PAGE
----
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Why lawyers must lead the way on diversity

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It’s time the conversation moved beyond chargeable hours, profit margins and marketing, writes solicitor Baljinder Singh Atwal

The word ‘diversity’ or the phrase ‘diversity and inclusion’ (D&I) is often used by law firms and organisations in a number of different ways. It is quite rightly in the spotlight due to a number of issues which continue to exist in the profession and wider society. Understanding what D&I is and the actual benefits are key to bringing positive change to all.

Solicitors are governed by principles as set out by the Solicitors Regulation Authority (SRA). These seven principles have a direct link to the conversations around D&I. Principle two covers acting in a way that upholds public trust and confidence in the solicitors’ profession — hence any activity that damages or negatively impacts the public trust would be in breach of this. Principles three — with independence, four — with honesty and five — with integrity all echo the same as the previous principles. Specifically for this topic is principle six — acting in a way that encourages equality, diversity and inclusion. Without even touching upon other reasons why D&I is important, it is clear to see that it is part of the fundamental fabric of the legal profession. There may be discussion around why organisations and individuals involved in issues surrounding D&I are not penalised in the same way as breaches of financial or conduct issues — however that is for another debate.

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As a profession, I believe lawyers must lead the way on D&I. Our leading principles and the fundamental function of a lawyer all promote a more fair, open and inclusive society. Without a truly equal and open profession, we cannot expect the society we live in to be any different; the way our own legal profession looks should be no different to that of society. For any legal team, the conversation should be beyond chargeable hours, profit margins and marketing — it is about the moral compass we each hold and have a responsibility to direct.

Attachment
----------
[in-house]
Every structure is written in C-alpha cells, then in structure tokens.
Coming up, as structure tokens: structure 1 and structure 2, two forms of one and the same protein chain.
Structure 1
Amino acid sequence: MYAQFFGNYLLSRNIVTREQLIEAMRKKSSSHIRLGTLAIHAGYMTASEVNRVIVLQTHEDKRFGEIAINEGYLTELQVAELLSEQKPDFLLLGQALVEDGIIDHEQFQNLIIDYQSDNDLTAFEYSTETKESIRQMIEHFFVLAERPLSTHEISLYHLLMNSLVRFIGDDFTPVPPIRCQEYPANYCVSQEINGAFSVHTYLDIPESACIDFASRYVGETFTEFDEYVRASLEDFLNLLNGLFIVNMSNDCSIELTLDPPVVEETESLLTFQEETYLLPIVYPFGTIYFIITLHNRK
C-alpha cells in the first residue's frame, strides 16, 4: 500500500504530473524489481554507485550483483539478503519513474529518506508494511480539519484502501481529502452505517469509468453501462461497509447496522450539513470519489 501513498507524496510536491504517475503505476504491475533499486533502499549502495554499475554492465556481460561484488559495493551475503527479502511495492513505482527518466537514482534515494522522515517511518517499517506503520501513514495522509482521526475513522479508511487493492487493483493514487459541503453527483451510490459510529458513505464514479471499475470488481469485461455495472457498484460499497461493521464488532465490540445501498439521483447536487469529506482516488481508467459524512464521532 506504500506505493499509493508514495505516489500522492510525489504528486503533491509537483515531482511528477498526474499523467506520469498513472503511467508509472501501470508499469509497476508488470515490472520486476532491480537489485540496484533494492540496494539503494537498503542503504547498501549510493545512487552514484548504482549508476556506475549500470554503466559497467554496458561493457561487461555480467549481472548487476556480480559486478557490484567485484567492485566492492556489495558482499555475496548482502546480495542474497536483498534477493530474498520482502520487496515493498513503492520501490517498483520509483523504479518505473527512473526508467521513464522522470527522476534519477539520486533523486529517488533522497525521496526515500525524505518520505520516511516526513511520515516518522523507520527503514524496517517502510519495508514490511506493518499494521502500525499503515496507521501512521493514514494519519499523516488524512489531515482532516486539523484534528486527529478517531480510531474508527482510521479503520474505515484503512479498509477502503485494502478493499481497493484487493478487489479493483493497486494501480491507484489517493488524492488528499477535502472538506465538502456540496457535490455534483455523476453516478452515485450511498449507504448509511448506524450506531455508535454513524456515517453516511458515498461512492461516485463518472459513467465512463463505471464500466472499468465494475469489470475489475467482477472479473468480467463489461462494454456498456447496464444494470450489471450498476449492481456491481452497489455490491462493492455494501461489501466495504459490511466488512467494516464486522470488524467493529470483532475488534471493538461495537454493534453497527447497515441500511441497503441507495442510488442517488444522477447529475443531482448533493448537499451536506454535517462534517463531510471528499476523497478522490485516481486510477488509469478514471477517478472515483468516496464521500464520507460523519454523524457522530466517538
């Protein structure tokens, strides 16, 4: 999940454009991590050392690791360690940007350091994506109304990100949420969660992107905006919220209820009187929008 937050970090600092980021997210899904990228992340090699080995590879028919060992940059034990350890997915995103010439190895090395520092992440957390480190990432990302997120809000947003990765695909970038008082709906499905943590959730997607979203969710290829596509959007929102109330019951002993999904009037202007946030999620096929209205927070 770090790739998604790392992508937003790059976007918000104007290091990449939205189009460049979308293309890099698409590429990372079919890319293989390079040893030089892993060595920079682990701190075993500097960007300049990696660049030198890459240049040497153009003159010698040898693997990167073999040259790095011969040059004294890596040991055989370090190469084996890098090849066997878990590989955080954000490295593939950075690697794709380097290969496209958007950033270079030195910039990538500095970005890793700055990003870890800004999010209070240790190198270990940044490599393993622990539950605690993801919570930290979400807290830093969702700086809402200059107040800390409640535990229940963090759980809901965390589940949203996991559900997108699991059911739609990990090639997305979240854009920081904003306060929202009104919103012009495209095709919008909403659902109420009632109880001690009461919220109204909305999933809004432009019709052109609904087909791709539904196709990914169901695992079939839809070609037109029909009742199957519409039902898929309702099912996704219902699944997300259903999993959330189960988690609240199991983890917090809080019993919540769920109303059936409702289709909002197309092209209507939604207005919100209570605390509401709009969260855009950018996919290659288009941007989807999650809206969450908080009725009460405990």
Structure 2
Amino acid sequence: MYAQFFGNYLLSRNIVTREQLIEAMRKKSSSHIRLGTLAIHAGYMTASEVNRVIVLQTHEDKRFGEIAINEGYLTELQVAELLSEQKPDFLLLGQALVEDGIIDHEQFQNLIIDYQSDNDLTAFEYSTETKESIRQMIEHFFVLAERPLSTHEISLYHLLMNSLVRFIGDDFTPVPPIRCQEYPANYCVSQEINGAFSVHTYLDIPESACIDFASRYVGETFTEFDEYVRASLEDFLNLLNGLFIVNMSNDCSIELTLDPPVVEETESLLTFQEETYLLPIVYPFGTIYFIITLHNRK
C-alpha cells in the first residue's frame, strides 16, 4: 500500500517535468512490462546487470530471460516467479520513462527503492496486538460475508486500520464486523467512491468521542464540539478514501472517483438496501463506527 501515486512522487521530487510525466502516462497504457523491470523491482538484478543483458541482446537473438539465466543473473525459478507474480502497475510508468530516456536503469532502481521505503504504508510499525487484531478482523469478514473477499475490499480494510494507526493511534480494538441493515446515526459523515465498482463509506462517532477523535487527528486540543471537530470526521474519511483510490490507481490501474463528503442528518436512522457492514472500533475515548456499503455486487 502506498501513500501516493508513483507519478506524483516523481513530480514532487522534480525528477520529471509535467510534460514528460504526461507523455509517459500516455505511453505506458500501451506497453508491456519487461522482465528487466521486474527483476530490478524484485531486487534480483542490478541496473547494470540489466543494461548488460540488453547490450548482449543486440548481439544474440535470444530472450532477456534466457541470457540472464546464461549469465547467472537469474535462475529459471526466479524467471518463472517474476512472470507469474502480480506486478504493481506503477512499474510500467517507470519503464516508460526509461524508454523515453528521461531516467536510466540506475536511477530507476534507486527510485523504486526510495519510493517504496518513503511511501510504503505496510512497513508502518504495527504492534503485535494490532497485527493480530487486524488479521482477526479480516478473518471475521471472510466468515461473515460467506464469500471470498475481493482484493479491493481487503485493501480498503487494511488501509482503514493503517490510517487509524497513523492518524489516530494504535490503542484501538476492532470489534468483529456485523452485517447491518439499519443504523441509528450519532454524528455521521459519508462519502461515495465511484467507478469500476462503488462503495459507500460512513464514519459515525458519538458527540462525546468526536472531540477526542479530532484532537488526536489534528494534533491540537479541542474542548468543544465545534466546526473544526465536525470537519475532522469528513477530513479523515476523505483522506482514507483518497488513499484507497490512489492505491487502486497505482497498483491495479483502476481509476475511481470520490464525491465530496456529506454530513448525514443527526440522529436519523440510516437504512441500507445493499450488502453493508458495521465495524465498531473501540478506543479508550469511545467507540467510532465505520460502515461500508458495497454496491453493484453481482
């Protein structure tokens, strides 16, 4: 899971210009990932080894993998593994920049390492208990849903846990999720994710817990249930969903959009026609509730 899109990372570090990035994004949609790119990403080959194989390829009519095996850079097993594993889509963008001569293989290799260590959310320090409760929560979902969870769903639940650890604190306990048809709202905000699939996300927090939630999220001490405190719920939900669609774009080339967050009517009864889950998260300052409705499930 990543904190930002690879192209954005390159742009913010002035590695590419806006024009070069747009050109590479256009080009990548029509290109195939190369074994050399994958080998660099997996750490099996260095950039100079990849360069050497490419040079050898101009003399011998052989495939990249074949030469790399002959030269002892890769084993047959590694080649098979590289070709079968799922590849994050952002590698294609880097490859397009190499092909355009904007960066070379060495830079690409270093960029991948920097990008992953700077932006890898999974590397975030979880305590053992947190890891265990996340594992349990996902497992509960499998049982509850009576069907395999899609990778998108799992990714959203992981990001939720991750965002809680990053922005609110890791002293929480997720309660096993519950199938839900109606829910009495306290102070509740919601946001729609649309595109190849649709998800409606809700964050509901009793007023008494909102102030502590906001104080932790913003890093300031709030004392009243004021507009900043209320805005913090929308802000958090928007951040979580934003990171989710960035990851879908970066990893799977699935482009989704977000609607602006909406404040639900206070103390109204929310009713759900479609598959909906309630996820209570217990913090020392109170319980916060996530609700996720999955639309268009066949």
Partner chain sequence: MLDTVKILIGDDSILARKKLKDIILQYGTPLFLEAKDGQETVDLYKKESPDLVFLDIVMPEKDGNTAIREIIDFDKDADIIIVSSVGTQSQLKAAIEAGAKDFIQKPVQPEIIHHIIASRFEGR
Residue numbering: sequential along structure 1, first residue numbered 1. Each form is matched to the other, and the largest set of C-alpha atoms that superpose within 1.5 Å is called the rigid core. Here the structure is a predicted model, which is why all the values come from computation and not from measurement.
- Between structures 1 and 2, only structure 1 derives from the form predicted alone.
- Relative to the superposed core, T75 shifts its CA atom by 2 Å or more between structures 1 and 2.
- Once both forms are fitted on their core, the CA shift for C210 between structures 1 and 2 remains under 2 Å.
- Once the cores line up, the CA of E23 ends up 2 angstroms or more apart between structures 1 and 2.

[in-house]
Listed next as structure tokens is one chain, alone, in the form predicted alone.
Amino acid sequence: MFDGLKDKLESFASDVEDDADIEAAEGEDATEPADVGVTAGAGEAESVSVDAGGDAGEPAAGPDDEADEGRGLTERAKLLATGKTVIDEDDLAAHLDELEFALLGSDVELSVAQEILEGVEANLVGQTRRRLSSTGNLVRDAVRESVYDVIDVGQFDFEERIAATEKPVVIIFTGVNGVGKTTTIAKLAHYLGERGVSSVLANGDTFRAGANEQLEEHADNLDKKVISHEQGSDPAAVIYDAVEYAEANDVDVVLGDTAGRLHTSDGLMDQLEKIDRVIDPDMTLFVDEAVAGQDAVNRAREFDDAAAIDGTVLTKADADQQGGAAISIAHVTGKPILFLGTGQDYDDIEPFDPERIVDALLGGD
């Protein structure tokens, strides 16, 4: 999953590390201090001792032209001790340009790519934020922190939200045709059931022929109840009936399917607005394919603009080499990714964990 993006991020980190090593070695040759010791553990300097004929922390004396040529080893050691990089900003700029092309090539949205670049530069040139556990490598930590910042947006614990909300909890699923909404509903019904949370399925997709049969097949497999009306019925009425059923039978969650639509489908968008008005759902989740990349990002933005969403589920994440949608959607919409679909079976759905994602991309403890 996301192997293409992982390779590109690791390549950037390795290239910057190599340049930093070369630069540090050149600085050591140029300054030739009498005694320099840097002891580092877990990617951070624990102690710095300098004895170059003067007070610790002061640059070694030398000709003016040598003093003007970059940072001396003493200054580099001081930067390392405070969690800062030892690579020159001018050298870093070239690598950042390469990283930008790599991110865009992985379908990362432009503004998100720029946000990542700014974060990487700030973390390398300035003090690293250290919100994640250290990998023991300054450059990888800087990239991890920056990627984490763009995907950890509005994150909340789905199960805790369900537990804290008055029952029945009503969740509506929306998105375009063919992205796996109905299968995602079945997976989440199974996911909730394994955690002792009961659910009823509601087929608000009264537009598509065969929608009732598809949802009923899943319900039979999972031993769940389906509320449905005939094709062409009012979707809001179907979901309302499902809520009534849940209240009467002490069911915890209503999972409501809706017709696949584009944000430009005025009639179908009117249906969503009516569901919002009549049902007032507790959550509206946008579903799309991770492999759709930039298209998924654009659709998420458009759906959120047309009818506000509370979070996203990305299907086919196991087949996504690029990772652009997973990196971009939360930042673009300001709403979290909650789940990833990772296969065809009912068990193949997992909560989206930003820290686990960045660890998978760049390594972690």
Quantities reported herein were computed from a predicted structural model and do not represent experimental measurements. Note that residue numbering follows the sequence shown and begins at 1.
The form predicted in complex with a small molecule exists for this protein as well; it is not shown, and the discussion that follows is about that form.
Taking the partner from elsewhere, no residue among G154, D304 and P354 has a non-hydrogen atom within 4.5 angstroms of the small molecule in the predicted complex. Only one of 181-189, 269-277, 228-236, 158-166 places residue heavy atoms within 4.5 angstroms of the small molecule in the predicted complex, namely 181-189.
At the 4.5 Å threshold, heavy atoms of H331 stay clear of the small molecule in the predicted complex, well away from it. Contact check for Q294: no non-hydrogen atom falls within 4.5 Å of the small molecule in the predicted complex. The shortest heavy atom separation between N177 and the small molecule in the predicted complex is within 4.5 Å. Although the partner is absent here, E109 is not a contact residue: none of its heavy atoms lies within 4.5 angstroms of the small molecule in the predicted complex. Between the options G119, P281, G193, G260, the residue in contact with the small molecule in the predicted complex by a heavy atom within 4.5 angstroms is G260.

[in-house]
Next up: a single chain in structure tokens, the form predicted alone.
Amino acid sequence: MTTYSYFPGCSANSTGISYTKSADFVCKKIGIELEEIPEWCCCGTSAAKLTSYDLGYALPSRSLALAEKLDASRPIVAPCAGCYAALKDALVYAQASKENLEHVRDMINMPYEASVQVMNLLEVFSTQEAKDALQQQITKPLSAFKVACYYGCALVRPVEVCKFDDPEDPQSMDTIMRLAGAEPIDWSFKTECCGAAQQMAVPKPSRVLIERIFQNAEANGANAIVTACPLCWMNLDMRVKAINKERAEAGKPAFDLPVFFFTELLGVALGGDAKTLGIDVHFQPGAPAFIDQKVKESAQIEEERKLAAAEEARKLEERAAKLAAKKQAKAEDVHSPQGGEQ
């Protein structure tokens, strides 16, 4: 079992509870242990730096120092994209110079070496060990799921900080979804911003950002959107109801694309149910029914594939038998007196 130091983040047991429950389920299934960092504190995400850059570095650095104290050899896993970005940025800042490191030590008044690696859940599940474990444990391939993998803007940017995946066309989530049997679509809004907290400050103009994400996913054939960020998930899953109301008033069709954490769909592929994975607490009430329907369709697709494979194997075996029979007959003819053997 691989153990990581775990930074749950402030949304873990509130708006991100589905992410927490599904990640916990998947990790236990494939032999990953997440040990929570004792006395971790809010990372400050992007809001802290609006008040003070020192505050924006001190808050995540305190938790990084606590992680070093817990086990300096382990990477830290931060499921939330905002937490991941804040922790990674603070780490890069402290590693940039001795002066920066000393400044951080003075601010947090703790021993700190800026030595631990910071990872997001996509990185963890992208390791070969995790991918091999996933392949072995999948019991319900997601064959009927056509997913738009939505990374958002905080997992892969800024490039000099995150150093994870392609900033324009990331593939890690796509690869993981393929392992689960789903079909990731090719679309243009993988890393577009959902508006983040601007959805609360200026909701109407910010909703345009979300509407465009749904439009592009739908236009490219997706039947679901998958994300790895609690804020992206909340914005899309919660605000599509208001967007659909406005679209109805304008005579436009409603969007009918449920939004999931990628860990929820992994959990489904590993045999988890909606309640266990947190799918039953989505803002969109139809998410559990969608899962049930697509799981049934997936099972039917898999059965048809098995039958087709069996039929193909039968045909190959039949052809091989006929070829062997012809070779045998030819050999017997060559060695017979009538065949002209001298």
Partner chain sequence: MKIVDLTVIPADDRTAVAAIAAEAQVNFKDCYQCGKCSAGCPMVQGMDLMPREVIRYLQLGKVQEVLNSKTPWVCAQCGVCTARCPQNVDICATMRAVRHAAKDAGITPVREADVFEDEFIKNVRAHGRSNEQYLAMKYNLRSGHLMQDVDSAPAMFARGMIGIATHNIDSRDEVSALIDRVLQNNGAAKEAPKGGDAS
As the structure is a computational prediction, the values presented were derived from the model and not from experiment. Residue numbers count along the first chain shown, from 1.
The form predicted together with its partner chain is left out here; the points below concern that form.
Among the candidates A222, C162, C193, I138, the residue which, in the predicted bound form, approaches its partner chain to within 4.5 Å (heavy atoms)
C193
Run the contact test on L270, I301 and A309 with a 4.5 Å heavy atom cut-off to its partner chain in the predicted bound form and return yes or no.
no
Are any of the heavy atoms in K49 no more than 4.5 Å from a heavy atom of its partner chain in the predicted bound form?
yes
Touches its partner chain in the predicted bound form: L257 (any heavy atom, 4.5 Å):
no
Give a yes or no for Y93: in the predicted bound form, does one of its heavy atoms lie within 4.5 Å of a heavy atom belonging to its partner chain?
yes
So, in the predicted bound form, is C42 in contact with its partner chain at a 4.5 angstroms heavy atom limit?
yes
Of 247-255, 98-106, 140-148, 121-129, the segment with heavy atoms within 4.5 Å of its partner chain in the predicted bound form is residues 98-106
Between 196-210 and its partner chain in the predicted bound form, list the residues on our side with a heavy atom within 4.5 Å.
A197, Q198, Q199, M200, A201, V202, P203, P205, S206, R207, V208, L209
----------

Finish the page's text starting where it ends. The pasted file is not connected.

Clients can often dictate how a business or sector shifts in patterns. Clients in the modern day are understanding the changes in culture and business. Whilst it should always not come down to clients dictating how legal teams are shaped, if this brings positive change, perhaps client influence is not a bad thing. A highly publicised example of this can be seen by the comments of Coca-Cola’s senior vice president and global general counsel on D&I. Coca-Cola threatened to reduce fees from law firms that fail to meet minimum diversity requirements. Although this may seem like an extreme measure to some, it is certainly a strong way to drive the D&I agenda further.

Any organisation that spends time and money on employees will no doubt want the best out of them. An environment which allows everyone to flourish will naturally retain the best talent and positive people. Hence, there is a real economic benefit in having a truly inclusive and supportive workforce. Having safe spaces where people can be themselves will not only encourage greater collaboration but will increase awareness and challenge views around D&I. It is not a complex formula — happy employees will produce better output and better reputations for organisations.

When D&I is implemented correctly, everyone is a winner.

Baljinder Singh Atwal is a solicitor, co-chair of the Birmingham Solicitors’ Group, and Law Society council member representing the interests of junior lawyers.

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